28 posted on 08/25/2004 6:46:43 AM PDT by houeto
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To: mondoman
Underground natural gas dome still burning. Flames ONLY 300 FEET TALL now. Down from 1000 foot tall!

http://www.chron.com/cs/CDA/ssistory.mpl/metropolitan/2751331

29 posted on 08/25/2004 6:49:17 AM PDT by houeto
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To: stockpirate

The Chechens are also heavily into mob schemes in Russia.
Hard to know whether this kind of action is payback for Russia's quasi-leveling of Chechnya (1 million supposed dead out of a population under 10 millions), Islamic terrorism against Western (or pro-Western) interests, or Chechen maffia turf.


30 posted on 08/25/2004 7:01:47 AM PDT by Atlantic Friend
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To: leadpenny

thanks, that was the only article I saw posted on this subject this morning.


31 posted on 08/25/2004 7:46:38 AM PDT by mondoman (The lack of Investigative reporting of John Kerry's Viet Nam Claims are ALL George Bush's Fault!)
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To: Atlantic Friend

9 million to go...


32 posted on 08/25/2004 7:48:16 AM PDT by null and void (KERRY'S A POODLE: He's French, A Rich Lady's Pet, Won't Protect You, and Spends lots on grooming...)
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To: Quilla

Back when Afghanistan was still at the top of the news, there was a discussion of the terrorists cells that might lose communication with AQ if we went after their leaders.

One interesting point was that the people who had been trained in Afghanistan would be gettin rusty if they were not used. Their skills would diminish with time, and the lack of communication would prevent them from updating their strategies.


33 posted on 08/25/2004 7:52:36 AM PDT by js1138 (Speedy architect of perfect labyrinths.)
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To: js1138

I would not be surprised if Russia soon reports that they have examined the wreckage and determined that the crashes were not due to terrorism.


34 posted on 08/25/2004 7:54:26 AM PDT by TBall
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To: TBall

I would be surprised. It's like two TWA 800s in three minutes.


35 posted on 08/25/2004 7:59:52 AM PDT by js1138 (Speedy architect of perfect labyrinths.)
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To: TBall

OK, i'm surprised.


36 posted on 08/25/2004 8:00:39 AM PDT by js1138 (Speedy architect of perfect labyrinths.)
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To: js1138

LOL, well at least the Russians do it in such a way that they know that you know they are lying.


37 posted on 08/25/2004 8:03:10 AM PDT by TBall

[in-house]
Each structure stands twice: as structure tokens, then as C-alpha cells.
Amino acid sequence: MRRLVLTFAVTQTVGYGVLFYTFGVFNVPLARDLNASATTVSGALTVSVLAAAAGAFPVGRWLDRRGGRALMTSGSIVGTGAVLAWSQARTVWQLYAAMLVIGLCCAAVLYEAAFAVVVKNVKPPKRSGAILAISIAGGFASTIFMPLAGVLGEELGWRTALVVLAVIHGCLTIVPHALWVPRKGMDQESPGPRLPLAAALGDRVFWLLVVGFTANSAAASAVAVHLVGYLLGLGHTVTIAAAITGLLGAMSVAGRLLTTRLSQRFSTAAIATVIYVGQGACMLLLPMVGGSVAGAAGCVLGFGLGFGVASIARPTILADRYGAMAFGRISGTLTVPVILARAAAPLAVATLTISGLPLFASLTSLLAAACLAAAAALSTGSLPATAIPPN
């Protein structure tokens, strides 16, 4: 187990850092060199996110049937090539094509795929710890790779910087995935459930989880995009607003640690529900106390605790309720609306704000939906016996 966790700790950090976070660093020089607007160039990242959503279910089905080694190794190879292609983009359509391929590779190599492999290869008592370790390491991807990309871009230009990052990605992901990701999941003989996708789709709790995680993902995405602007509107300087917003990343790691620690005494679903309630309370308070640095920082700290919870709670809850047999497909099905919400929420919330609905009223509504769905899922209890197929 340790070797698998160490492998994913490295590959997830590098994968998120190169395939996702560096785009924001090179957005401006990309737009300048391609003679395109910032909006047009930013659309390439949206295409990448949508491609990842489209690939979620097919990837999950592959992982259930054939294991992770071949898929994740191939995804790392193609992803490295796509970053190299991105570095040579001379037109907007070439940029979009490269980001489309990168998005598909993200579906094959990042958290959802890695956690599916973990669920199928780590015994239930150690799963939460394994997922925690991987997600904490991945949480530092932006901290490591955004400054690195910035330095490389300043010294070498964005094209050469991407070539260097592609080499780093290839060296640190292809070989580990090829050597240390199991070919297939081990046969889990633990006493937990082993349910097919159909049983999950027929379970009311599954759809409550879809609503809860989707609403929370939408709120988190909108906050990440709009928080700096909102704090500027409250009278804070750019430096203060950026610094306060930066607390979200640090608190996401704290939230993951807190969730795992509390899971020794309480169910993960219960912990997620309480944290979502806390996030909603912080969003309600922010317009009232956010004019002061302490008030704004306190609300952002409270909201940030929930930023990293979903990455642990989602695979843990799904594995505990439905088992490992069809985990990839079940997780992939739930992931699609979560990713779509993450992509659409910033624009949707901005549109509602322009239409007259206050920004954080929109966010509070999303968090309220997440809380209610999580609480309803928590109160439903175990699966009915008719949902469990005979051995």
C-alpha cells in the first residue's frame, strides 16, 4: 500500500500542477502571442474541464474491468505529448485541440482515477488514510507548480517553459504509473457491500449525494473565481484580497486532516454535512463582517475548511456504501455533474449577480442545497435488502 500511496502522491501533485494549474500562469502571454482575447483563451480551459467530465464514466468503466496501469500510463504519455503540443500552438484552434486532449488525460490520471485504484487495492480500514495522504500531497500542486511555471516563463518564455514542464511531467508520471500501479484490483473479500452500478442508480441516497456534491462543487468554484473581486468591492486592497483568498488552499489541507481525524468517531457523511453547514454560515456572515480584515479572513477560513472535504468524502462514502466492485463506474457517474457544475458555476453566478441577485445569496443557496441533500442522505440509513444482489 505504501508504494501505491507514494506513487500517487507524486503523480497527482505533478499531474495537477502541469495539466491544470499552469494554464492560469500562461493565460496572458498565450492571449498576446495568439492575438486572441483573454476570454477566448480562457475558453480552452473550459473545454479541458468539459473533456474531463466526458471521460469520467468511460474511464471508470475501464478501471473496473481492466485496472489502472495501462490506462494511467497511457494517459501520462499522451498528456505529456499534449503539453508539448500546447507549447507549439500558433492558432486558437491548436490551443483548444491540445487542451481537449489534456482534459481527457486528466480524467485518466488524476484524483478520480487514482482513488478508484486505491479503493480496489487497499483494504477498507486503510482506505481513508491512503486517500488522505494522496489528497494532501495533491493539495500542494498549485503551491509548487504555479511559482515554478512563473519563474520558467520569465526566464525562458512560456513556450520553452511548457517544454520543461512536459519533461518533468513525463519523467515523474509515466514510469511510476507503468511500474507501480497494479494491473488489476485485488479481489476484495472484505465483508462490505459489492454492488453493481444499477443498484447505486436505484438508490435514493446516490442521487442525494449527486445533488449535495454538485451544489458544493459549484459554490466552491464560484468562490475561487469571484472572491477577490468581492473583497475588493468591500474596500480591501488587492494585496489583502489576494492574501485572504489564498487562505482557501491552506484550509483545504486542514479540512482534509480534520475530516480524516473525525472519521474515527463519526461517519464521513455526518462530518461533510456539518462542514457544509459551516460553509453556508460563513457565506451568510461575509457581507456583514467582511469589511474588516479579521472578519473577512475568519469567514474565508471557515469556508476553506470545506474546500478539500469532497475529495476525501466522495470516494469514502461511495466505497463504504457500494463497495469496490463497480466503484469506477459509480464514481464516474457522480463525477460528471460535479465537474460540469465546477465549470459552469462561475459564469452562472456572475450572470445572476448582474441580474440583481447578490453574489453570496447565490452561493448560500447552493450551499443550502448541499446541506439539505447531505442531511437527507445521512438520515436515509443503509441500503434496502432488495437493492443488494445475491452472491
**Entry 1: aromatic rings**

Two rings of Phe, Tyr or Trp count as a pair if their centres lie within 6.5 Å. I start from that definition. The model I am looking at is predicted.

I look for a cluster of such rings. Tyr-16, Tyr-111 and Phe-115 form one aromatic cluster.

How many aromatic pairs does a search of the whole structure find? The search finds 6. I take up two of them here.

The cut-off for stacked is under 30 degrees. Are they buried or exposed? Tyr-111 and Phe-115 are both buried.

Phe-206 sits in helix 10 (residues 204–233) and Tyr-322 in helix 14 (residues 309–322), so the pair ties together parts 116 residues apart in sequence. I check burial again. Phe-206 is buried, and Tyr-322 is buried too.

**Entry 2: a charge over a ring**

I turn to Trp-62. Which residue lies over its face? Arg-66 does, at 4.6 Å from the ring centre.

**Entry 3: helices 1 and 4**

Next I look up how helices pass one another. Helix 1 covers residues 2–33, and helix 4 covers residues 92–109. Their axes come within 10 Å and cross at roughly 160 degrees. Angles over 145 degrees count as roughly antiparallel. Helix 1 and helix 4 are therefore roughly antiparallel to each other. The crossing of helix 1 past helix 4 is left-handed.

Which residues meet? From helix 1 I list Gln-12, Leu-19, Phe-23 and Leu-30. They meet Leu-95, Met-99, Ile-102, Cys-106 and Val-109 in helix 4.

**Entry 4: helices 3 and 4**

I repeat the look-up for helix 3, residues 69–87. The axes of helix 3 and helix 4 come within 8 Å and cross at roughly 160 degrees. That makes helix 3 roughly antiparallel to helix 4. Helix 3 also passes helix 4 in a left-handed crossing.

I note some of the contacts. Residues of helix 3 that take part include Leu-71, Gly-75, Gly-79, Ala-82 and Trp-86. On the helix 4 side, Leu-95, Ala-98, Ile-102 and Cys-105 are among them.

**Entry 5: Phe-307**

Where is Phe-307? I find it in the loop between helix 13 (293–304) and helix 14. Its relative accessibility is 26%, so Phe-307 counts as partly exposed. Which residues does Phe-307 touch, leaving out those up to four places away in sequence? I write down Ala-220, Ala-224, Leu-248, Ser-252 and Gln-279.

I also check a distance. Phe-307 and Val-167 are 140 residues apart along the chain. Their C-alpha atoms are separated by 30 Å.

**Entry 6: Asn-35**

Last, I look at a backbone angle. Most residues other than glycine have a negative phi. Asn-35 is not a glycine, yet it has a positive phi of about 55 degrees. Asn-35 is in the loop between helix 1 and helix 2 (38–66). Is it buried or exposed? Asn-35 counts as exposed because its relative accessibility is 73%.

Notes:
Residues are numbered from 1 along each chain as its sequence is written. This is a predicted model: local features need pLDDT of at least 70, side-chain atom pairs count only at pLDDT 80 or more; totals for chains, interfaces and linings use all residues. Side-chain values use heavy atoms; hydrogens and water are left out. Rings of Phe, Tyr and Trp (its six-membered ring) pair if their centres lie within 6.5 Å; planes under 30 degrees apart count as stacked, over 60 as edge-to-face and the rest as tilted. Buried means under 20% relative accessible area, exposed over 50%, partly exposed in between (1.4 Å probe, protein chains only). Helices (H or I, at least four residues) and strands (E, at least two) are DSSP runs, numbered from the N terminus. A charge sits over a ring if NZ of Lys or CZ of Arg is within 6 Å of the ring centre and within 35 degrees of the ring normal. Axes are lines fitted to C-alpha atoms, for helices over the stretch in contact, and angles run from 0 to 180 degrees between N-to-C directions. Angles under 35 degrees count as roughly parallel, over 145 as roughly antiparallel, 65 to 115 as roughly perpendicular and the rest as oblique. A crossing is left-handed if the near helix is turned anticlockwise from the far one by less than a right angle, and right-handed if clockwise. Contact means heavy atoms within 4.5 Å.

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To: null and void

Sorry, I won't bite this genocide bait.


38 posted on 08/25/2004 8:48:09 AM PDT by Atlantic Friend
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To: Atlantic Friend

No problem.

BTW, when they take over your country, they will eliminate viniculture as alcohol violates sharia law...


39 posted on 08/25/2004 9:03:47 AM PDT by null and void (KERRY'S A POODLE: He's French, A Rich Lady's Pet, Won't Protect You, and Spends lots on grooming...)
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To: null and void

Most certainly. But if it comes to invading my country, I guess I'll have more pressing matters than to just save the Saint Emilion grapes.


40 posted on 08/25/2004 9:07:44 AM PDT by Atlantic Friend
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To: Atlantic Friend

Indeed. Banning headscarfs is an effective first step, no?


41 posted on 08/25/2004 9:11:37 AM PDT by null and void (KERRY'S A POODLE: He's French, A Rich Lady's Pet, Won't Protect You, and Spends lots on grooming...)
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To: null and void
Banning headscarves is a step in the right direction, yes, as long as we're talking integration and not competition.

The way I see it, granting the headscarf recognition will lead to granting special classes for Muslims (because they could be shocked by gym, biology, and even History), which will lead in special powers granted to Muslim clerics, which will lead in the demise of this here Republic.

Should I live under your roof, I'd have to abide to your rules, and that is only fair. Should I begin to say, "heck, I live there, too, so I should have my say about how this house is kept and about which rules to abide", then it'd be high time to explain a few things to me, like how it's going to hurt me when you press the trigger.